“Veron Primus was doing a tour of the prisons? Won’t you say that? Do you agree? He was walking the length and breadth of the prison,” Connell suggested.

The prison officer said he could not say so.

“Put it this way, Veron Primus was patrolling the prison?” the lawyer said, but the prison officer said that was not his view of patrolling the prison.

The lawyer said that Primus then moved from the Vestibule to where prisoners make straw craft.

After Primus is seen near the straw craft area, Officer Richards, the senior officer working on the shift emerged from the gate.

Ashton confirmed that Richards was in charge of the shift but said he could not say how close Richards and Primus were when Primus went into the straw craft area.

The prison officer said that the footage shows a team that included Cupid patrolling the area of the straw craft.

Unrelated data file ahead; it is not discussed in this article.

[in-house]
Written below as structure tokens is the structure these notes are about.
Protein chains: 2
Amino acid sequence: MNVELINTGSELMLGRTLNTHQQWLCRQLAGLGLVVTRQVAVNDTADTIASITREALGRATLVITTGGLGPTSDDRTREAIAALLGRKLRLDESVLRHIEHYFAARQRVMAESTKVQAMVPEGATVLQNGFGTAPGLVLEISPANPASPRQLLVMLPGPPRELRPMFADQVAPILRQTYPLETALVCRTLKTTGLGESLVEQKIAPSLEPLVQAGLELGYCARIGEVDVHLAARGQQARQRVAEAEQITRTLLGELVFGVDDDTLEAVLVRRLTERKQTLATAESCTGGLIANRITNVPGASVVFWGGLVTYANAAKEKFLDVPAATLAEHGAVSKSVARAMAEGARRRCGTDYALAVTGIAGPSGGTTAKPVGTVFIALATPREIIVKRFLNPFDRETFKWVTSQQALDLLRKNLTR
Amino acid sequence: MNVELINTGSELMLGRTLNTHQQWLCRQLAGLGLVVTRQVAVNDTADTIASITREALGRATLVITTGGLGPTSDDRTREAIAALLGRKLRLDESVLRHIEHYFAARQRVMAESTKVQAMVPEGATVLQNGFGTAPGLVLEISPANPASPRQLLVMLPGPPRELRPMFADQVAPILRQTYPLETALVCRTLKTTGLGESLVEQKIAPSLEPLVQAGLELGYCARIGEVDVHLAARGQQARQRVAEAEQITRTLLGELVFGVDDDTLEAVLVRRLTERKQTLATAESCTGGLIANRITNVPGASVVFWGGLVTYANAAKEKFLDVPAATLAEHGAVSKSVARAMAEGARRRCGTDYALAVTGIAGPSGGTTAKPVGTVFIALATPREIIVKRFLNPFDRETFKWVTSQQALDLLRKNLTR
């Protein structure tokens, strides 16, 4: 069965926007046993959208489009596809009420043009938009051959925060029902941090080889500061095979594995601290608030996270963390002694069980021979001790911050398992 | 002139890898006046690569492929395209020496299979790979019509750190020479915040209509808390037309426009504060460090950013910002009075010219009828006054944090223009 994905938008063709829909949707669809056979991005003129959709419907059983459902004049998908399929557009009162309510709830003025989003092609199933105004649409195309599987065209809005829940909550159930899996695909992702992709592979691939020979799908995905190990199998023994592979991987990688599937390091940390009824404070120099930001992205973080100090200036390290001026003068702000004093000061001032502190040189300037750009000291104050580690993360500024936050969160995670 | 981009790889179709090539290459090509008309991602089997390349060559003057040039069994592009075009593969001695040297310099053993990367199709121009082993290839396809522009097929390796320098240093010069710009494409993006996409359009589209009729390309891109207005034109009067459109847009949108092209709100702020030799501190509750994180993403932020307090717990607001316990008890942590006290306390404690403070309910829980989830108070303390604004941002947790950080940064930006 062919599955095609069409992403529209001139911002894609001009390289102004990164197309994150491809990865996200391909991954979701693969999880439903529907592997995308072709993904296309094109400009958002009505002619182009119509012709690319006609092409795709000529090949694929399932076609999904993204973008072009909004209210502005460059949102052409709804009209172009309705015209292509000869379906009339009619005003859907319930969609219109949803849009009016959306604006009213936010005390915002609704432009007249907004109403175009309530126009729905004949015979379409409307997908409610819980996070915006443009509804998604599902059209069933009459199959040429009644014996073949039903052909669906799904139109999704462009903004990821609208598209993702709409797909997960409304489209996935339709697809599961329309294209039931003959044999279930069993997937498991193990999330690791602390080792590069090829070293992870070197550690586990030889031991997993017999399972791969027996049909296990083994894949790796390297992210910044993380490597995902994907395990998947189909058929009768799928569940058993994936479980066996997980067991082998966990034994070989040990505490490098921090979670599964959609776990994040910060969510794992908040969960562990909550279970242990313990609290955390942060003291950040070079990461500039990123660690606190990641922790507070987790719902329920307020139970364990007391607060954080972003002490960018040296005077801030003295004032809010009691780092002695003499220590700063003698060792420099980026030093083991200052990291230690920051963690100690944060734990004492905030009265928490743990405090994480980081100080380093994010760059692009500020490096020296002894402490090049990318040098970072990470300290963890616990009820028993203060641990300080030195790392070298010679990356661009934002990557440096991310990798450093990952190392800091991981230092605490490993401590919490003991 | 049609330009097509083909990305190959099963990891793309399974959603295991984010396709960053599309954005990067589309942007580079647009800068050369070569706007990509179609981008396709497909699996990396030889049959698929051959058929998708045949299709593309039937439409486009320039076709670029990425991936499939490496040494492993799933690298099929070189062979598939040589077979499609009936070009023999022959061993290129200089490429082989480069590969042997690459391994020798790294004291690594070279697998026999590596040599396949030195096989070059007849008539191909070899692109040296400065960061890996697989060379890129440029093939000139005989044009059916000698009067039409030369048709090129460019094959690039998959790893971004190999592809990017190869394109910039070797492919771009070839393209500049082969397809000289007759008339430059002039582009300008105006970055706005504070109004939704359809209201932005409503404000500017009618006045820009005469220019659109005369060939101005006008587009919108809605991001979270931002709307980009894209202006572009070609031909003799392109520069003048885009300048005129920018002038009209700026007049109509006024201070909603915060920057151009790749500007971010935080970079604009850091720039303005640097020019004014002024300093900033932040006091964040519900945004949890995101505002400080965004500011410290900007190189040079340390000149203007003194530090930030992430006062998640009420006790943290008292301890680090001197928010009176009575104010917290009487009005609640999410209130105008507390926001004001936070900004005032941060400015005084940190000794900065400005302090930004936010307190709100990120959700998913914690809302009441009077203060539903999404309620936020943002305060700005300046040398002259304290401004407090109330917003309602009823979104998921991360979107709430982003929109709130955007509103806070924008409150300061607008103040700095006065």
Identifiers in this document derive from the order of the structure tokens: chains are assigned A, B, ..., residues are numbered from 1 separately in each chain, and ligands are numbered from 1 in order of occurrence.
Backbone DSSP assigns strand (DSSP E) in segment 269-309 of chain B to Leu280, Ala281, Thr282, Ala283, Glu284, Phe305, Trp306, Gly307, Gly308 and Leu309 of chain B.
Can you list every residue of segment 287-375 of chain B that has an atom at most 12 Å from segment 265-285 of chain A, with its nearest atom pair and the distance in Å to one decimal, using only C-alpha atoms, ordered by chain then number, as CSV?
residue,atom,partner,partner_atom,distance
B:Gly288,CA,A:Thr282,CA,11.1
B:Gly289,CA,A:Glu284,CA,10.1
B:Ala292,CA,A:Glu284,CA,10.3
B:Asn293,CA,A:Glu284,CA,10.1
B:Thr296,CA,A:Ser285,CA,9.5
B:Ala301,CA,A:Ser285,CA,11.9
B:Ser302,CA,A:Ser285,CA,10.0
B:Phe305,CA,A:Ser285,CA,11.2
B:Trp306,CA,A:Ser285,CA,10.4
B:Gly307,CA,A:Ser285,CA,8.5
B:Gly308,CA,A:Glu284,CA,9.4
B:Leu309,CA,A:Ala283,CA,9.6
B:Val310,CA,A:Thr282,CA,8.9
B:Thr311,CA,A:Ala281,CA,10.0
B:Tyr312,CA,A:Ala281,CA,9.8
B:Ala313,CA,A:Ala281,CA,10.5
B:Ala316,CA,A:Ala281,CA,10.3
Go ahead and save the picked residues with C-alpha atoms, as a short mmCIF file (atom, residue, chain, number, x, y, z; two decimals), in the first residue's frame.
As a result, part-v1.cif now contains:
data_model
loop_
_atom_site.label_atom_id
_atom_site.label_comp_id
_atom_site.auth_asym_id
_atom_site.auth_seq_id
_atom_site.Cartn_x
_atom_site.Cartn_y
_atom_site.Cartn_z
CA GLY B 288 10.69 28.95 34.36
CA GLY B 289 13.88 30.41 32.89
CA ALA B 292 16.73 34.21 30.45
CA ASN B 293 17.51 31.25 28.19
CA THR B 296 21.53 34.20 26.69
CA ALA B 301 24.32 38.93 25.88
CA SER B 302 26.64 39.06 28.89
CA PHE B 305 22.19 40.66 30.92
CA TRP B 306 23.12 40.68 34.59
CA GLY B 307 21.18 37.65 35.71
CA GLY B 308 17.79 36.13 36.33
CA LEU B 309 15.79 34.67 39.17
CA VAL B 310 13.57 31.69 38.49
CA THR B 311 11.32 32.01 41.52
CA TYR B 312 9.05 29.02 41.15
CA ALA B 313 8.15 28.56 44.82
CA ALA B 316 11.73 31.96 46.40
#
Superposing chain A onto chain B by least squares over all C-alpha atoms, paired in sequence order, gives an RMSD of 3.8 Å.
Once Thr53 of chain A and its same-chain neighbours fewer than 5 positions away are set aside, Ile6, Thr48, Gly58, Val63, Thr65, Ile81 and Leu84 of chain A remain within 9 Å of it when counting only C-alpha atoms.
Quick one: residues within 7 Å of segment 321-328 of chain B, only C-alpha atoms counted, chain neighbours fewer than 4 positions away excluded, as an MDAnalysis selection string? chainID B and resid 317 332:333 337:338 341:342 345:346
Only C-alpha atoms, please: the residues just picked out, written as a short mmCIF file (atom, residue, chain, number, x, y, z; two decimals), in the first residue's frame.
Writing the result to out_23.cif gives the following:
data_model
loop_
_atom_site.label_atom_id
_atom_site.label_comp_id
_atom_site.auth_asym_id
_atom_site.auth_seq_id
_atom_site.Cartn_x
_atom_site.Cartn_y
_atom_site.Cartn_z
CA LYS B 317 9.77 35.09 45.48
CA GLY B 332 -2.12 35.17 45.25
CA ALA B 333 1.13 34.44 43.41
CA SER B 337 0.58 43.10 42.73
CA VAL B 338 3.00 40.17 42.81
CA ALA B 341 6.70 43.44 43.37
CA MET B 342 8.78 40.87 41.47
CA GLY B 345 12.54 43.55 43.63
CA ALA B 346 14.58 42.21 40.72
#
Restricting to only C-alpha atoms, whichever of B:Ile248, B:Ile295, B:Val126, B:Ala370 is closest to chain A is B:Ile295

The footage then shows Primus walking up the steps to the female prison, going past the officers’ quarters before proceeding onto the wall of the casualty, onto the roof of the workshop, then heading to the outer gate to the visiting booth.

“So you would agree with me now that Primus’ patrol basically covered the entire prison?” Connell said, but Ashton disagreed.

The lawyer said that Primus was seen in the yard of the outer gate and asked the witness to say exactly where that is.

Ashton said it is the area between the Workshop and the Vestibule.

DVR access

Ashton said he and Hilson Ollivierre are the only two prison officers who have access to the footage.

He said that Ollivierre is his co-worker and his rank — junior prison officer.